So Sorry You Missed it!
Our recent production of Ibsen’s Hedda Gabler was a resounding success both with critics and the small but discerning audience.
Here’s what some of the reviews had to say:
“It was small. Really very small.” The Globe and Mantis
“It was so small I could barely see it.” Blue Bottle Review
“A review of the first London production of Hedda Gabler in 1981 said that ‘Hedda’s soul is acrawl with the foulest passions of humanity.’ Kudos to The Bug Circus for having the courage to present the first production of this classic that is, quite literally, acrawl.”
“Infinitesimal!” Arachnid Times
Hedda was, like all of us, a product of her captivity. The actors in our ground-breaking production are virtually trapped in the theatre.
To some, this may raise questions about humane treatment of non-humans in inter-species collaborations, but this illusory internment does create the mood of suffocating repression that is so integral to the story.
No insects were harmed in the making of this or any other Bug Circus production. The actors only appear to be trapped. They were drawn by instinct to the wintery bathroom window, even though the door, and the rest of the warm house, was available to them.
Hedda’s desire was for a larger life than her circumstances would allow. Rejecting the warm domestic refuge being freely offered to her, longing for an un-nameable “something more:” did her instincts tell her that the cozy parlour was not her natural habitat? Did she likewise sense, like our actors seemed to sense, that the wider world would be too cold and harsh for her to survive for long? Like Hedda, we all seem to be looking through a locked window, ignoring the open door.
“Good God – people don’t do such things.”
The Bug Circus: HISTORY
The winter of 2013 was strikingly cold and seemingly endless, even for Winnipeg. In the upstairs bathroom of a house on Bannerman Avenue, a sign of hope appeared.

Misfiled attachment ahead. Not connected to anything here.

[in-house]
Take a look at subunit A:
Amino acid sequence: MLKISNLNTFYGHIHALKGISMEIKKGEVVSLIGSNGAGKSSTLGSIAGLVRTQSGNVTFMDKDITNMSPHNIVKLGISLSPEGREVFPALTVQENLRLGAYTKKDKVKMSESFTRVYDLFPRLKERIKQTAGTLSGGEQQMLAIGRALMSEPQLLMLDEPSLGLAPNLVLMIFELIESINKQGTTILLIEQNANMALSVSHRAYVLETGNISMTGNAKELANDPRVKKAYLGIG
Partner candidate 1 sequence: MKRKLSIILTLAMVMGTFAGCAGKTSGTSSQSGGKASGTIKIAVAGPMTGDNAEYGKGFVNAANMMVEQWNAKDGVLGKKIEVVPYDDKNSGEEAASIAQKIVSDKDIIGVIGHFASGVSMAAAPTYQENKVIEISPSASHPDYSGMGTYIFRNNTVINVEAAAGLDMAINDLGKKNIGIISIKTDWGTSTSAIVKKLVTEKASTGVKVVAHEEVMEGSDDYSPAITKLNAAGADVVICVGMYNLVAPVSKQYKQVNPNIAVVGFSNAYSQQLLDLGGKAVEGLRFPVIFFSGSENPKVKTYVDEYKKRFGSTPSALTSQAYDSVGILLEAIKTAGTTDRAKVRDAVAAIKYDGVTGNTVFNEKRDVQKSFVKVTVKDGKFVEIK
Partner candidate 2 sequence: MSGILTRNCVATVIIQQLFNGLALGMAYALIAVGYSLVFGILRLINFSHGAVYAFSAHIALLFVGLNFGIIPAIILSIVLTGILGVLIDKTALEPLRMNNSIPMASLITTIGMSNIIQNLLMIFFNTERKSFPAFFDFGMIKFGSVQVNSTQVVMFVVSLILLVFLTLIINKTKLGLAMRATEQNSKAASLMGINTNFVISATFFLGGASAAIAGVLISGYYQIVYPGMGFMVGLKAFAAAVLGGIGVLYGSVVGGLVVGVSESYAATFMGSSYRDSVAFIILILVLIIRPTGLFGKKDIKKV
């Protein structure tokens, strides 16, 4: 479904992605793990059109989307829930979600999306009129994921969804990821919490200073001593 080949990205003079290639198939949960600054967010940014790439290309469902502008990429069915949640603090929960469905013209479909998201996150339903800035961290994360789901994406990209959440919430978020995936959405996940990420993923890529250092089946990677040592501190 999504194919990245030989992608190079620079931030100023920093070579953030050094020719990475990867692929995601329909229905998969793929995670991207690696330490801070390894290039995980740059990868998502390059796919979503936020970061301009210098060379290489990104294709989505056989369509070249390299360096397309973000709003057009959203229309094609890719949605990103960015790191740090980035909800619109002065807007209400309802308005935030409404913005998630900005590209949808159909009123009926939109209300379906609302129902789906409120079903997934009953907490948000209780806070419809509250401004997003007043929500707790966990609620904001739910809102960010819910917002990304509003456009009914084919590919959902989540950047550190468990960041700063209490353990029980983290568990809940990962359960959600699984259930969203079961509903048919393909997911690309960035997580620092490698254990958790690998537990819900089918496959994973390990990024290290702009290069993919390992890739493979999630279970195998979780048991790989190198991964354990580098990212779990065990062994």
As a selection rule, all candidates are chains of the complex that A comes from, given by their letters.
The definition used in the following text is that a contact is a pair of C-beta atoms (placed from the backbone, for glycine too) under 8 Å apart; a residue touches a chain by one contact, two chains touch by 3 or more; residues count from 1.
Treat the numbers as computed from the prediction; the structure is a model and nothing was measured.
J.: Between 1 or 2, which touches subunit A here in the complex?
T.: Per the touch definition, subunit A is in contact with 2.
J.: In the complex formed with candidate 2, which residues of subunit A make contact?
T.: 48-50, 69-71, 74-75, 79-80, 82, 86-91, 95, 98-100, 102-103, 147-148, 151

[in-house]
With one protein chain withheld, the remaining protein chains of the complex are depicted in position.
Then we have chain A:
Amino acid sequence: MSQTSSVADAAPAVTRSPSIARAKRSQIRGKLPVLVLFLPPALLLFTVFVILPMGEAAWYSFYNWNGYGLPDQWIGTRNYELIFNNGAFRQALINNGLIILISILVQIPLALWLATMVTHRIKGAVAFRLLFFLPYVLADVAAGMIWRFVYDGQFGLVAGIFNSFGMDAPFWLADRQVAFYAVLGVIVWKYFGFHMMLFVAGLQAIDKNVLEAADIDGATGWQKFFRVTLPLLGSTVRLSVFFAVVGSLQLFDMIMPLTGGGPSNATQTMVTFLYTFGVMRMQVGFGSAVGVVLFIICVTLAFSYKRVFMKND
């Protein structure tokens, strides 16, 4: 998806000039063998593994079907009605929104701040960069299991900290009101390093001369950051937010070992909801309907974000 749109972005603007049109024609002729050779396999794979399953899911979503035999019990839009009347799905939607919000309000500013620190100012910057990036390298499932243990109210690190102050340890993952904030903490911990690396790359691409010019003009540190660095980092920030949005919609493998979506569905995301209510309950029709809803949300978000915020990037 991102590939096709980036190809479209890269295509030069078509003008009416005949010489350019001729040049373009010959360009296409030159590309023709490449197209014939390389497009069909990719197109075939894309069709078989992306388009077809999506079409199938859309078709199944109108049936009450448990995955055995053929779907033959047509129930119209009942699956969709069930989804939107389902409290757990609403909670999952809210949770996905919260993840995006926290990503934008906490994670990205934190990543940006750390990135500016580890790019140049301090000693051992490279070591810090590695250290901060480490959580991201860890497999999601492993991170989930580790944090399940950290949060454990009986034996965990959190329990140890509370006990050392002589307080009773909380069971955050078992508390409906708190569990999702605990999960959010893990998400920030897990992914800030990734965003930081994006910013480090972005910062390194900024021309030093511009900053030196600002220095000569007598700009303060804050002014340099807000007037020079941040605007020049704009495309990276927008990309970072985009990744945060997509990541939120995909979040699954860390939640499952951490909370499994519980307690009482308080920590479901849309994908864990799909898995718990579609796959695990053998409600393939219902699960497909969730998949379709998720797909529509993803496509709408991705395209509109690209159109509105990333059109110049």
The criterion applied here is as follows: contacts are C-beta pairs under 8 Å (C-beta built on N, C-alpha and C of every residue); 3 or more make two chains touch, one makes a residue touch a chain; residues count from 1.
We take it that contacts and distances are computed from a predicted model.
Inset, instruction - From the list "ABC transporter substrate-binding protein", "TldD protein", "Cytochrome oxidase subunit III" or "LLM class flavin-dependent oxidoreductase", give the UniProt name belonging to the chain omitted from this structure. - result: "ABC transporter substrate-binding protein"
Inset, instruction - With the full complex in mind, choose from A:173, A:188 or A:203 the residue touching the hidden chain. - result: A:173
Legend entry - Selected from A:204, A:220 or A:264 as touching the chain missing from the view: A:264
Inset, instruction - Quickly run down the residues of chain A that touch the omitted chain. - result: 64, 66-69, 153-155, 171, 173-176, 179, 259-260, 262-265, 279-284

It was a mild infestation of ladybugs, if anything so charming as a dozen or so ladybugs should be called an infestation. In the Old Country they say that if you are visited by a ladybug, it means someone from “the Other Side” is sending you a message. At that time the owner of the house, Ellen Peterson, happened to be having one of those career winters familiar to anyone who works in theatre. No work, no prospects, no ideas. In the frosty sunset bathroom light, the message from the Other Side seemed clear :
“There are flea circuses, so why not a circus for ladybugs? They are easier to see. You should make tiny sets and props so the ladybugs can do plays.”
And so, The Bug Circus was born.
Our mission: to make tiny theatre. Theatre that is much much smaller than all the other theatres. Theatre that is so small it might not even be happening.
After several “productions,” in the name of diversity, the company’s mandate was widened to include works by and for all insects.
The Bug Circus is now well-established as a leading innovator in virtual theatre. No-one else is not doing the kinds of work we’re not doing. We have not-really-produced everything from classics to world premieres. Join our growing audience and experience productions that never really happened, in a bathroom far, far away.
©2016 Ellen Peterson